S. Lasher, M. Marion, M. Kromer, K. Roth
renewable, hydrogen, GIS, biomass, wind, infrastructure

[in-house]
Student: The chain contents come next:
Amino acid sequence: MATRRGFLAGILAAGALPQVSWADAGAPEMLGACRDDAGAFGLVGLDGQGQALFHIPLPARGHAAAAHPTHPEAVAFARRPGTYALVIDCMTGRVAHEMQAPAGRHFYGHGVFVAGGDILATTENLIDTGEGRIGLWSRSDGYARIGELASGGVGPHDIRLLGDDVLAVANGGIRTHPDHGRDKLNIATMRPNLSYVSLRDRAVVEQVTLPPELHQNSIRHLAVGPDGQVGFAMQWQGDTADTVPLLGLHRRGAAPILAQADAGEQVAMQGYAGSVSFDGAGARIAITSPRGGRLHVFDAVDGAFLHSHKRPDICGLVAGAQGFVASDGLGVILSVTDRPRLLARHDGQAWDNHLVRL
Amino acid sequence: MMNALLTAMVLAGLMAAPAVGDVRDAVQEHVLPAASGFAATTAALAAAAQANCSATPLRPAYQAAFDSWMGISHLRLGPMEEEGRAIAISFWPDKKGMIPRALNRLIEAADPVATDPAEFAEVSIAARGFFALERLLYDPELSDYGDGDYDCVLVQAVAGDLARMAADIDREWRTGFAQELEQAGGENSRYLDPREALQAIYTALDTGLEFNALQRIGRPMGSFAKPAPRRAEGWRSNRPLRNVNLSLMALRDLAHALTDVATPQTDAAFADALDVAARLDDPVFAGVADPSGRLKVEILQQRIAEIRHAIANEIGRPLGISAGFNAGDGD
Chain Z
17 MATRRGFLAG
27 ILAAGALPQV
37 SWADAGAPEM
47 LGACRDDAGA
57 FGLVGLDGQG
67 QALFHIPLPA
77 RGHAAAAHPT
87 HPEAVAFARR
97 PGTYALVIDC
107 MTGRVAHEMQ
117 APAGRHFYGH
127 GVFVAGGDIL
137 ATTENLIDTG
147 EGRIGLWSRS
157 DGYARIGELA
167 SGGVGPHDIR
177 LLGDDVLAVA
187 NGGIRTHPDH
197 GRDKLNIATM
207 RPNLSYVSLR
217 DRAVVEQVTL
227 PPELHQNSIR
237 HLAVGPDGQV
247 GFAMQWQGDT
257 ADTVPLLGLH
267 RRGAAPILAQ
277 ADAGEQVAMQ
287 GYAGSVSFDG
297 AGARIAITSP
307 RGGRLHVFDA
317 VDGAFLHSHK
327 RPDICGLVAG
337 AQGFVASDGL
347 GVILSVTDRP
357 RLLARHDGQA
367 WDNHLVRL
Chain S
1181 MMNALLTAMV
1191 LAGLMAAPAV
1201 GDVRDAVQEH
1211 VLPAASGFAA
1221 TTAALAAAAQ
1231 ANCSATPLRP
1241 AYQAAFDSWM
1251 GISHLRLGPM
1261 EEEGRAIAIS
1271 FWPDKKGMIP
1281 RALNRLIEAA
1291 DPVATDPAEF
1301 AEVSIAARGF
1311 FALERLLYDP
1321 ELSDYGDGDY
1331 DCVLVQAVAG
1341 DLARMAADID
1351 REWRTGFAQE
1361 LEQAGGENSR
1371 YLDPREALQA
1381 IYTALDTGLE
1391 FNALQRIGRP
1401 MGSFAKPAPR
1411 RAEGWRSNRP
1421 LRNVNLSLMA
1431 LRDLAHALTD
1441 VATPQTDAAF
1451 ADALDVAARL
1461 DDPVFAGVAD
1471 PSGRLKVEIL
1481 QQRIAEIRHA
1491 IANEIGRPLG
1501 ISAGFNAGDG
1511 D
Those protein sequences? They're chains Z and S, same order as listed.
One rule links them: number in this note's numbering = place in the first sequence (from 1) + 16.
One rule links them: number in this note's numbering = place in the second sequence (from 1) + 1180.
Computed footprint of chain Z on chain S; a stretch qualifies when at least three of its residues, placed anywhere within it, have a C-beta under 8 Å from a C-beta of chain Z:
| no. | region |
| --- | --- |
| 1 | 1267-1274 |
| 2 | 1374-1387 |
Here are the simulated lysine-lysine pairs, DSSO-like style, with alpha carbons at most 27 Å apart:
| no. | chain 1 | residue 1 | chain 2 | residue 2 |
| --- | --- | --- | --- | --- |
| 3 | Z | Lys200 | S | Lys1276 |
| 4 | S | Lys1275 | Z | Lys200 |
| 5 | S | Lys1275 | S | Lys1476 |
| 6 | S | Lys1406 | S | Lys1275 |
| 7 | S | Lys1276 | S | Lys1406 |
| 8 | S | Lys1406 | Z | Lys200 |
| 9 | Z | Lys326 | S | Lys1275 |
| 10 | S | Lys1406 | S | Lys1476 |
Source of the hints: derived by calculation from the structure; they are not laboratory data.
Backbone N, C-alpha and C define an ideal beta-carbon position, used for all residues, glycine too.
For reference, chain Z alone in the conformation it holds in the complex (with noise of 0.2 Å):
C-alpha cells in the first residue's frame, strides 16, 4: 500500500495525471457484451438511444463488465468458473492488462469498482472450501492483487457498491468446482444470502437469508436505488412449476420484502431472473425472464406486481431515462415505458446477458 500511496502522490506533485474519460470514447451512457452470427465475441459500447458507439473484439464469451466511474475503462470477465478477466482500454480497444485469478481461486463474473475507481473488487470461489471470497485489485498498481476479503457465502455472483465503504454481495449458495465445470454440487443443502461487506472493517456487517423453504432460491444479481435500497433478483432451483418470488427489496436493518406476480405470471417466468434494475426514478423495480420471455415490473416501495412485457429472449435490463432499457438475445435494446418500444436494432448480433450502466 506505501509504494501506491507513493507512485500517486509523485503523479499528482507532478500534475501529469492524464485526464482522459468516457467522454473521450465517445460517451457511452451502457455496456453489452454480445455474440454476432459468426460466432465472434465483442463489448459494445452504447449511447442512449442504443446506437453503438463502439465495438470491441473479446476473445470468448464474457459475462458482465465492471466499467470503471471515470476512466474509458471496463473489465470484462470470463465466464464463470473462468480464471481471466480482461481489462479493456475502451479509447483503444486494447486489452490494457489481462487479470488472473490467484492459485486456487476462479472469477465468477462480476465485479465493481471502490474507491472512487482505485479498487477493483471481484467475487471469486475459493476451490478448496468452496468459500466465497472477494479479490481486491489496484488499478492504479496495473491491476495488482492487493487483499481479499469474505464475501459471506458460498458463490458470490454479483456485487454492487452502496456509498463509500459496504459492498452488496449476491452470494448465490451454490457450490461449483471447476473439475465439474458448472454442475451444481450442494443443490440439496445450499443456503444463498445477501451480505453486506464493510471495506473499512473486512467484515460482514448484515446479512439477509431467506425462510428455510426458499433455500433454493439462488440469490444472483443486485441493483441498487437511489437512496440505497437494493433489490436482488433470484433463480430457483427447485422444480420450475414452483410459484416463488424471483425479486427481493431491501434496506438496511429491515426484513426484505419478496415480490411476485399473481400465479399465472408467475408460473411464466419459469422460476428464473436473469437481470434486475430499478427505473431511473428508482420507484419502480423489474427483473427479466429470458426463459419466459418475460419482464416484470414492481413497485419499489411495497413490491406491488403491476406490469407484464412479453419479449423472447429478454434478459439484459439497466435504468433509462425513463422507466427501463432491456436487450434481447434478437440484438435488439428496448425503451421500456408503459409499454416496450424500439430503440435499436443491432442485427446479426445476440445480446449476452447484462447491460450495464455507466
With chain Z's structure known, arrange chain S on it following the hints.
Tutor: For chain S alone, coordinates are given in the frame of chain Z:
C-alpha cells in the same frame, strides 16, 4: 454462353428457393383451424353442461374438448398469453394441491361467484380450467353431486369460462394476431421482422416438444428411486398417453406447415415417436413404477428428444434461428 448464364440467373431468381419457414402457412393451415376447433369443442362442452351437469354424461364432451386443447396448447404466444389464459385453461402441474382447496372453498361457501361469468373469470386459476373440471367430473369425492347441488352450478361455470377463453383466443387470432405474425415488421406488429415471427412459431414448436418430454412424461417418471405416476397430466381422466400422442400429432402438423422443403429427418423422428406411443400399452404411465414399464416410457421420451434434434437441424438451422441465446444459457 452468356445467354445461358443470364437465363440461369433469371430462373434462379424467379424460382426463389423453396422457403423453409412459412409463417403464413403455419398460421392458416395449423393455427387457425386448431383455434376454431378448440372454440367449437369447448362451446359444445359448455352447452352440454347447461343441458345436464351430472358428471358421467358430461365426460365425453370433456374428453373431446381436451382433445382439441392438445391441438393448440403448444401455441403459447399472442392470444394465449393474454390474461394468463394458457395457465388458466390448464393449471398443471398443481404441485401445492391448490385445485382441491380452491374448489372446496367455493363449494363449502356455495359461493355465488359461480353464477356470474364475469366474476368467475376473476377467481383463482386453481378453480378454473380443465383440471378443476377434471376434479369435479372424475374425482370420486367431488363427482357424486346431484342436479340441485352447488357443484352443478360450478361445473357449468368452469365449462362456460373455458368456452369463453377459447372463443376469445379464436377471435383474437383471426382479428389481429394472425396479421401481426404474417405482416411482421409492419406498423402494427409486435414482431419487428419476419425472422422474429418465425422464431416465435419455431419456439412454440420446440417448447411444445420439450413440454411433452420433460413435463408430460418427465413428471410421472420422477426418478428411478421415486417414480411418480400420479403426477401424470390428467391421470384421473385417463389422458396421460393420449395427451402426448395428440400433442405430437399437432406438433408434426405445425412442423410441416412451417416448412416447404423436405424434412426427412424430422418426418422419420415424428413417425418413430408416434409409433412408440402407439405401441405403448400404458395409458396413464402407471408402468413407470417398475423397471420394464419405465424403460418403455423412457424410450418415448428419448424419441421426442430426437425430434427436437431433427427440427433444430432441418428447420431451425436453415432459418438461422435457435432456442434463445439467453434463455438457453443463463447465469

This study uses a hydrogen logistics model to determine the most economic renewable resources and infrastructure to supply hydrogen to demand centers across the U.S. The model minimizes the projected average price for renewable-hydrogen using Geographic Information Systems (GIS) data for renewable resource characteristics (e.g.., resource quality and land type) and cost functions to scale the renewable resource, hydrogen production, and delivery costs. Using these inputs, the model quantifies the trade-off between transport and production costs to project the location of hydrogen supply centers and delivery infrastructure. Initial results were generated for central production via biomass gasification or solar- or wind-powered electrolysis, and by assuming that hydrogen is delivered via networked pipelines. These results show a widely distributed wind and biomass resource that can be utilized for cost-competitive hydrogen production in the US. Projections indicate that 4 times more wind-based than biomass-based production is used to meet a future hydrogen demand of ~50,000 tons per day, and that biomass tends to be the lowest-cost resource. Due to the high cost of centralized solar generation relative to wind power, few solar resources are utilized. Subsequent work will integrate fossil-based resources, carbon-capture technology, and carbon pricing into the model.